Nanotechnology relates to the production, research and use of extremely small structures. The word 'nano' comes from the Greek language and means 'midget'. One nm (short for nanometre) equals one millionth of a millimeter or in other words one ten thousandth of the thickness of one human hair. The nanometre scale is the scale of single atoms and tiny molecules. One nanometre represents about 4 to 6 atoms. Particles on a nano scale, so called nano particles, or polymers (smaller than 100nm) are the building blocks of this technology. The ability to utilise materials on the atomic level and the use of the unique phenomena that occur on that small scale, give a huge amount of possibilities for almost every field, for example energy and conservation technology, IT business, medicine and pharmaceutical industries. On an atomic level, there are no borders between chemistry, biology and physics. It all comes together into interdisciplinary technology, that means no demarcation for lots of branches.
The scale of a nano molecule compared to a football is the same as the football compared to the world.
The atomic scale
On the atomic scale used for ultra-thin coatings, the quantum effect (quantum refers to the smallest amount of a physical quantity) or the quantum mechanics (mechanics based on quantum theory) are of high significance. Whether around the house, in car businesses, aircraft engineering, material engineering or computer businesses, nano particles enable surfaces to become extremely tear and scratch proof with long protection against corrosion and a high sliding ability.
When molecules that normally bustle about unorganised in materials, are structured in a way that each atom stay where it should be, the impossible becomes possible. Materials get new powers when the atoms are controlled and closely arranged. Production processes become cheaper and more environmentally friendly. Nanotechnology manipulates molecules through current, magnetism or chemistry, so that they organise themselves. Nature serves as the model for that: the cell and its function. The aim of nanotechnology is making molecules organise themselves without the help of a human. If possible, these molecules should also reproduce themselves. Japanese scientists have made this possible already.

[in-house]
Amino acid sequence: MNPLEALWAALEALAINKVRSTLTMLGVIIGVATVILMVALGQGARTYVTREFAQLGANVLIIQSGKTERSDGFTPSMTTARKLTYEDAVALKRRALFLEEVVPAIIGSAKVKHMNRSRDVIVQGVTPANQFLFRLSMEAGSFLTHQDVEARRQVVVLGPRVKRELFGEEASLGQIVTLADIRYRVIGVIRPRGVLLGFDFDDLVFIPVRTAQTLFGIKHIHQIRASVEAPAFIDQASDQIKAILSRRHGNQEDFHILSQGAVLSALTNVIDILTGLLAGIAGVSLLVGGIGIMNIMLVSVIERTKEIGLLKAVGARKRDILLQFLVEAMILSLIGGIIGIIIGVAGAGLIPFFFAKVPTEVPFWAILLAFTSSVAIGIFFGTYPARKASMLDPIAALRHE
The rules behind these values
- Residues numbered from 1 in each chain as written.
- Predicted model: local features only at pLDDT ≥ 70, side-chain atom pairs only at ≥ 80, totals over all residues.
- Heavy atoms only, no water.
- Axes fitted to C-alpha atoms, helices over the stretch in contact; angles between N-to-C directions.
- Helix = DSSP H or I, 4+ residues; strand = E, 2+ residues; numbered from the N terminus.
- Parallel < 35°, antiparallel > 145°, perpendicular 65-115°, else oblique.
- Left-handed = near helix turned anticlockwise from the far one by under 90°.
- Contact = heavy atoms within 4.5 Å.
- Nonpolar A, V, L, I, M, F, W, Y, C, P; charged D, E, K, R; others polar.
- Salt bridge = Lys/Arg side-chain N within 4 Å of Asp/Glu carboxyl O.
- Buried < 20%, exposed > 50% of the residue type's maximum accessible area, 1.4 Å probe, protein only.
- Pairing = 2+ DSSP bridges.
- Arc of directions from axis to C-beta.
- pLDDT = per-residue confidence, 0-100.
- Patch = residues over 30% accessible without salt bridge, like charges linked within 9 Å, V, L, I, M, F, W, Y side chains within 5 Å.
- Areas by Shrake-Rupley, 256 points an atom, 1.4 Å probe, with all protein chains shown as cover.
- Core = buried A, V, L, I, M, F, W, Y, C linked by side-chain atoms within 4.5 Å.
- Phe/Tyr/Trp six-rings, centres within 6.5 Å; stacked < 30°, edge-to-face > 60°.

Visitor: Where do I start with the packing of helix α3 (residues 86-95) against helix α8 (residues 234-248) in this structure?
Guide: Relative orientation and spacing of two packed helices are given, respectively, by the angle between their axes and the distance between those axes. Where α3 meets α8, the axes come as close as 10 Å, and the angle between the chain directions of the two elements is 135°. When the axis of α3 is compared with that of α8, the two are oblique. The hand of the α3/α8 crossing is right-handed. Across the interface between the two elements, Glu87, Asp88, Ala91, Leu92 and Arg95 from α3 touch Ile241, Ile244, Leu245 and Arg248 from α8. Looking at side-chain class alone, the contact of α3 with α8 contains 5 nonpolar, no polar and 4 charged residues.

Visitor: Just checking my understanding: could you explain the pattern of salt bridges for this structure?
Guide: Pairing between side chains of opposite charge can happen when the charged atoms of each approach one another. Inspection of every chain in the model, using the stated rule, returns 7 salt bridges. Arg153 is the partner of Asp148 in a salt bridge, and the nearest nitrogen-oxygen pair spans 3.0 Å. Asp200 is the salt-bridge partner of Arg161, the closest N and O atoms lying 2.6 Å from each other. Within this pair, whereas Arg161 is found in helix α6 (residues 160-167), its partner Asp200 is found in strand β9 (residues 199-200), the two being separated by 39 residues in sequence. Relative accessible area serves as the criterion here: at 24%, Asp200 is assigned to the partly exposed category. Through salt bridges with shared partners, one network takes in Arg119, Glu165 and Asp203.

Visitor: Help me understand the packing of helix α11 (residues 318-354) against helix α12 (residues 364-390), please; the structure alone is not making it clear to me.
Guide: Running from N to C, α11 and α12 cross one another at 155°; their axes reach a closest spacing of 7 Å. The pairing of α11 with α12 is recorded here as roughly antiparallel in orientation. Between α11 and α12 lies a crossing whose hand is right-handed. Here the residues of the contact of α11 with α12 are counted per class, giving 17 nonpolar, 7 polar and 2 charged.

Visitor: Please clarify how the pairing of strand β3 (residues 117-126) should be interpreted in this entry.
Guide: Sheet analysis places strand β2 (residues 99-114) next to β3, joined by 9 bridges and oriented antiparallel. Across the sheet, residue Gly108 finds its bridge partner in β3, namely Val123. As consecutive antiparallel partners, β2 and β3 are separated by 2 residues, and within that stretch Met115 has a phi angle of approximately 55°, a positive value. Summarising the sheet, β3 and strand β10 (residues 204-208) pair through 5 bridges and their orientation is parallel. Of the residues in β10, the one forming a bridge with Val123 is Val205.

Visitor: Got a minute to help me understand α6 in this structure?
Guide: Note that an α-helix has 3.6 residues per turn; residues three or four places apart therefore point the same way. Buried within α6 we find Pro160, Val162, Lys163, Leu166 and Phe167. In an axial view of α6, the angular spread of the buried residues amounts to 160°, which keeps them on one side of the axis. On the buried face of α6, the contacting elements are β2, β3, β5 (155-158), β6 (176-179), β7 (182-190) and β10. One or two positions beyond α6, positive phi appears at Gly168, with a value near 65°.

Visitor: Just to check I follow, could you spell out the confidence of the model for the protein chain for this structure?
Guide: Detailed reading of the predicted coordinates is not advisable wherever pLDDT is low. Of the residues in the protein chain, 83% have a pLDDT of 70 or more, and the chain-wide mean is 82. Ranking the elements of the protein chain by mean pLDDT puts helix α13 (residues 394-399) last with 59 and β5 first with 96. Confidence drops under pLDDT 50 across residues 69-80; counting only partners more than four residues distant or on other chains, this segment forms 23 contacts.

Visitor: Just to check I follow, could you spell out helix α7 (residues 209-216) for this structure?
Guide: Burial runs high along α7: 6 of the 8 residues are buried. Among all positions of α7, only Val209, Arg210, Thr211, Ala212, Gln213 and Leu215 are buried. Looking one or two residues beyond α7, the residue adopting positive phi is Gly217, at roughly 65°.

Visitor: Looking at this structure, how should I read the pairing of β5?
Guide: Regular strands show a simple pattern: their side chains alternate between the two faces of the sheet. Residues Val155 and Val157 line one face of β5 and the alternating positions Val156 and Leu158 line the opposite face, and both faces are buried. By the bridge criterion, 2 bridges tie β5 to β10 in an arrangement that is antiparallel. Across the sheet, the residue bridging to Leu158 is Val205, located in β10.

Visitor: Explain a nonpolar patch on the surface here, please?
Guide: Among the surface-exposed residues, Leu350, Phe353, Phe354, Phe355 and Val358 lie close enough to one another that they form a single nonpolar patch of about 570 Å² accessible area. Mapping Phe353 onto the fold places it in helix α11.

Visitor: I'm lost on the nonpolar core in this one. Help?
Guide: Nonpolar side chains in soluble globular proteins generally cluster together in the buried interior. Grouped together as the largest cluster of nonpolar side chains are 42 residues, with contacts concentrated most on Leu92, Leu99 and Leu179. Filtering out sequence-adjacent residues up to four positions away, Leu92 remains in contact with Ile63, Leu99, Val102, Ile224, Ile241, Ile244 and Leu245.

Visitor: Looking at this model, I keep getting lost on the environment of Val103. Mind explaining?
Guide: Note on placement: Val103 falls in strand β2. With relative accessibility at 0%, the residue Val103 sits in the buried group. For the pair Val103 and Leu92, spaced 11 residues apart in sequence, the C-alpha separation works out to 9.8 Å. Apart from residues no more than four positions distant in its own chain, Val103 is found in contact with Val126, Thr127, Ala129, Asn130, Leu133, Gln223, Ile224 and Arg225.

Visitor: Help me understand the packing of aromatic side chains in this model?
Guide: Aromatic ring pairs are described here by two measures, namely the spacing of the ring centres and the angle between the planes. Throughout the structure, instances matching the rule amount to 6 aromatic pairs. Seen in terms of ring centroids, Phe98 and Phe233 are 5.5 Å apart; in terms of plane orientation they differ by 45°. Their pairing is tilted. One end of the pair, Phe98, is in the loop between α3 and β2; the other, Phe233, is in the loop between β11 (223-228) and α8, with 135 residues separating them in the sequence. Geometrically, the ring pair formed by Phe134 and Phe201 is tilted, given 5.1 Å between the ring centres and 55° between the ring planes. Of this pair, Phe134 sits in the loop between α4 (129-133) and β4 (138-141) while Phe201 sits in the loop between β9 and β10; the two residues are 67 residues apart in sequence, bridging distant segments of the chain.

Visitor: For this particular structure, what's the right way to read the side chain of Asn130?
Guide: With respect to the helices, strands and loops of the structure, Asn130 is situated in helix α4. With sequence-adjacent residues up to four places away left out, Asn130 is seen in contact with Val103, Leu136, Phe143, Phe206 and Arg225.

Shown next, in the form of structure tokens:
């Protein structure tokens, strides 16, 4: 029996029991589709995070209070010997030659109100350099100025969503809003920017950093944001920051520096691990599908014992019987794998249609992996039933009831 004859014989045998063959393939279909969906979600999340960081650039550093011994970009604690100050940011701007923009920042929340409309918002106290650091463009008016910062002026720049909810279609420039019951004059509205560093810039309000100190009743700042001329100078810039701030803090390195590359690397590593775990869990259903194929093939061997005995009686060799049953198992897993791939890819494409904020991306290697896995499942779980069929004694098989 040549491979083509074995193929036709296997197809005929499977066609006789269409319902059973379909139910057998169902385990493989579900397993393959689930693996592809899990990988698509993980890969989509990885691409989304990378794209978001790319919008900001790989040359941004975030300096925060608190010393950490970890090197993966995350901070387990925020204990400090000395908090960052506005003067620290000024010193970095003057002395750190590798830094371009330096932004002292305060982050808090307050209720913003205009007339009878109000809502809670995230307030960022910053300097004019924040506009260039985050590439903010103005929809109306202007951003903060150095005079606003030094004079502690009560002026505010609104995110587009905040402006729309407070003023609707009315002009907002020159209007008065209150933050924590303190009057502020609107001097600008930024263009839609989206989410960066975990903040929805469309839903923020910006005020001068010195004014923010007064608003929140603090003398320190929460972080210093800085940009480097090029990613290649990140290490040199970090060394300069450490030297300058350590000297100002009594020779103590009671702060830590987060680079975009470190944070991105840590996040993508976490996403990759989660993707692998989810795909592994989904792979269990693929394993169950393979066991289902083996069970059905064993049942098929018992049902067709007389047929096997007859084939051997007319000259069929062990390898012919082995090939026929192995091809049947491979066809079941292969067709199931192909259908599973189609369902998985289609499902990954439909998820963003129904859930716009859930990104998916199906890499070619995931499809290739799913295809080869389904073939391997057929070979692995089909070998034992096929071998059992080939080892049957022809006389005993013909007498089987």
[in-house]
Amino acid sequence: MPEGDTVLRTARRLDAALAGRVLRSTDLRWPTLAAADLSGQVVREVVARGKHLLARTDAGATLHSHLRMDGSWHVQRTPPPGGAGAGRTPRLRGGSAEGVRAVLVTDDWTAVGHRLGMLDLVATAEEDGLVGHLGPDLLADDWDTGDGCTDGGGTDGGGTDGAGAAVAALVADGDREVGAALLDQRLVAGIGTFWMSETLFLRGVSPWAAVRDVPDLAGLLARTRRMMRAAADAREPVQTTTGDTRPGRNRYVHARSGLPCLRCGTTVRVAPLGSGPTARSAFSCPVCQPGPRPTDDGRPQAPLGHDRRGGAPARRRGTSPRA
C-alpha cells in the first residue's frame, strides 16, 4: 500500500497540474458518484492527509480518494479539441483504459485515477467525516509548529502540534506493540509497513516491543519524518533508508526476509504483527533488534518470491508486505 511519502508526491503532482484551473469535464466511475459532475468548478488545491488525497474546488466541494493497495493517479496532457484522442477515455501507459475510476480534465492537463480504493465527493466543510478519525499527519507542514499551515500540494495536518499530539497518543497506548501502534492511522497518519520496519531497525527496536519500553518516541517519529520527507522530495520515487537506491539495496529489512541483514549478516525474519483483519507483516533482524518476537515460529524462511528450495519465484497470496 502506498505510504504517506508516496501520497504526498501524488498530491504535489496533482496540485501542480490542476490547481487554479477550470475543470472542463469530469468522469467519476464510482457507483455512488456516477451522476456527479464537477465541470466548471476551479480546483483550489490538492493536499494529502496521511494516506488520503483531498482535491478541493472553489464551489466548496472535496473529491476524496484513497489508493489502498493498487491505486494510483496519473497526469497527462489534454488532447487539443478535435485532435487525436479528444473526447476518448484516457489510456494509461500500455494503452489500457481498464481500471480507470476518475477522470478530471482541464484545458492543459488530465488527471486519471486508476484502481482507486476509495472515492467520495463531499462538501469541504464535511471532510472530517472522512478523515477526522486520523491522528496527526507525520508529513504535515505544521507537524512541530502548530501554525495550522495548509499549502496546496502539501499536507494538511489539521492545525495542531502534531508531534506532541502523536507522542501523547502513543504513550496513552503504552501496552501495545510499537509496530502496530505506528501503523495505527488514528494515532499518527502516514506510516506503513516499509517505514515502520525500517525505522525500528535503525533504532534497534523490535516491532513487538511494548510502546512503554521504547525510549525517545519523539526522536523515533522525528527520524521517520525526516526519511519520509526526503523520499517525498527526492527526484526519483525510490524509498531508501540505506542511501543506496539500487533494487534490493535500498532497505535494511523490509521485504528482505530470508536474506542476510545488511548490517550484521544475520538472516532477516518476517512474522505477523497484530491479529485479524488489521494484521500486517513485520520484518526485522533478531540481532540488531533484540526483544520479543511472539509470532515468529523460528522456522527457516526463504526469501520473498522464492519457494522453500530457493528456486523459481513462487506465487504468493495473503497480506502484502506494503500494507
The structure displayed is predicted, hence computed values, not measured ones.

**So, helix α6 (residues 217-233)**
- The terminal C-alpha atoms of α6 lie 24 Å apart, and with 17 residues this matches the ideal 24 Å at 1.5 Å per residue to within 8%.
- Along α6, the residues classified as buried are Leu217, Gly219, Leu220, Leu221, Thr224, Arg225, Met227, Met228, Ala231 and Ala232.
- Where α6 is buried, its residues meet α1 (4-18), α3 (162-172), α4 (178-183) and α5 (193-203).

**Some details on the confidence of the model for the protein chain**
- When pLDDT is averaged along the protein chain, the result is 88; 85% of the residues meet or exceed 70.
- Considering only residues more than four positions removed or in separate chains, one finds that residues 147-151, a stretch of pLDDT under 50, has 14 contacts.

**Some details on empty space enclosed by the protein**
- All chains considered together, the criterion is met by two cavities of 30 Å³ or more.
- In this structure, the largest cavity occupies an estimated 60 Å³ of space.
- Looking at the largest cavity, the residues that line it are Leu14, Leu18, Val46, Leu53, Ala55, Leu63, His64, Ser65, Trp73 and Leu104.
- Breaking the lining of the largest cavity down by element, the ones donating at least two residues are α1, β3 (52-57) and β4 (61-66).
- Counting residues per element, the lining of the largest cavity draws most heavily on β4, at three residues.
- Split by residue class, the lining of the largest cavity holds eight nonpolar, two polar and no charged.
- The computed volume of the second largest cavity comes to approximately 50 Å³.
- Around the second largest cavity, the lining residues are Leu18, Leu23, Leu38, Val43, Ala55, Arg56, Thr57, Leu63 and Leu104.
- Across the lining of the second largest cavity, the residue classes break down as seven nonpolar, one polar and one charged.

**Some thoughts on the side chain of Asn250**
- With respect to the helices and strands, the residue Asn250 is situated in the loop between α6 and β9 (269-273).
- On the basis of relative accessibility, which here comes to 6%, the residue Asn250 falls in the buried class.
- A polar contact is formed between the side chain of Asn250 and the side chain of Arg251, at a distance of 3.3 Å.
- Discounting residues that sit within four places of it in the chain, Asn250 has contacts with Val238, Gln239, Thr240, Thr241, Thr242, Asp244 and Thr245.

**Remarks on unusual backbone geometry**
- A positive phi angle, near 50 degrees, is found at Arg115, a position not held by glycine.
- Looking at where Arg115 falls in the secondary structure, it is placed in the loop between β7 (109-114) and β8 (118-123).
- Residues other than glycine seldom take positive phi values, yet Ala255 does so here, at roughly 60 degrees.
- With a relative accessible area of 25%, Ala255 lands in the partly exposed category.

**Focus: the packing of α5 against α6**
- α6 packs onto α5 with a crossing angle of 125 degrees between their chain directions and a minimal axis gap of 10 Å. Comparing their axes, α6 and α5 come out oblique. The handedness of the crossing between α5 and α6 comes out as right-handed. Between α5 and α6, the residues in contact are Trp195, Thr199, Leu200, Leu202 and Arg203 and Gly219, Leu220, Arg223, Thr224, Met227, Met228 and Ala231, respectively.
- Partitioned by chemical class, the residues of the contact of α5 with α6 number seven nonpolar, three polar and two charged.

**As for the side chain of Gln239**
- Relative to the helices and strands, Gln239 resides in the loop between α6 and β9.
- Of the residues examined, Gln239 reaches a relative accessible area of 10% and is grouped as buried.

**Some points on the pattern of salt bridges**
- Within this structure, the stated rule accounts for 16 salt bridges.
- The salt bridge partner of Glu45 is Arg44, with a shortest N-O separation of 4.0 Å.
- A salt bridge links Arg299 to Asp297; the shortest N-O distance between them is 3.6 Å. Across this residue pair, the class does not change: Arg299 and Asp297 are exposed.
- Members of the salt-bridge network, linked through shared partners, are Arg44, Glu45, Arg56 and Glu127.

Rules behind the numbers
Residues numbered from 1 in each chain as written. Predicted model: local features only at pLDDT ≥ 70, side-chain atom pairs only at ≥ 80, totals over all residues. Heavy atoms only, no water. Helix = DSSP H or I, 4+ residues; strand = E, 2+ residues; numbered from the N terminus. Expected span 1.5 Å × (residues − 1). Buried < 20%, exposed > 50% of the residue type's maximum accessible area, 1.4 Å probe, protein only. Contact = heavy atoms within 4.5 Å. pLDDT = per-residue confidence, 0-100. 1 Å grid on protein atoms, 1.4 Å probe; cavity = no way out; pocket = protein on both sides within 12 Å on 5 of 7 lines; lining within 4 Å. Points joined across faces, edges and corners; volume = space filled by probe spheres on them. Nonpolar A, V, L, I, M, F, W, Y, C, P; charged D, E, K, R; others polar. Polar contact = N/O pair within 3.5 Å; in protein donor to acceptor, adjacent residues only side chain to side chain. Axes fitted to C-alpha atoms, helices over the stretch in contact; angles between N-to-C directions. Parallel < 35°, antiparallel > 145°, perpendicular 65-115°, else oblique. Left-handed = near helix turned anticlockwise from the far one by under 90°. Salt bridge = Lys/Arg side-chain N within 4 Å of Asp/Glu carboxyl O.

Nanotechnology is setting a trend for the future decades and opens new markets. Experts and the media name it the key technology of the 21st century.
Germany-wide the research in this field is supported by research institutions and businesses. There are special competence centres, which specialise in the field of nanotechnology. These competence centres are linked with, for example large firms, colleges, universities, research institutions and chambers of commerce. Venture capitalists, federal government and states finance these projects.
describes the application of nanostructures on surfaces. These surfaces can for example be superhydrophobic (the fluids reach the surface to form beads and run down) or super-hydrophilic (liquid to reach the surface, form a liquid film and expire if any). This means that the surfaces are sealed and therefore water-repellent. This allows an easier cleaning. There are also spray coatings, which form such nano-structures. These coatings are applied to previously according microstructured surfaces, a lotus effect can be achieved. Such treated surfaces are chemically stable and exhibit (for example, to solvents).
After the appropriate nano-substance is applied to the cleaned material, the nanoparticles were organized to the desired structure. Metals, glass, textiles, plastics and minerals. can be coated The advantage in textiles (eg carpets) compared with normal impregnation is the high mechanical strength, for example for machine cleaning. Use a nano-coating for example in bathrooms, as an anti-fingerprint coating on screens, as self-cleaning façade paint or as protection for cars.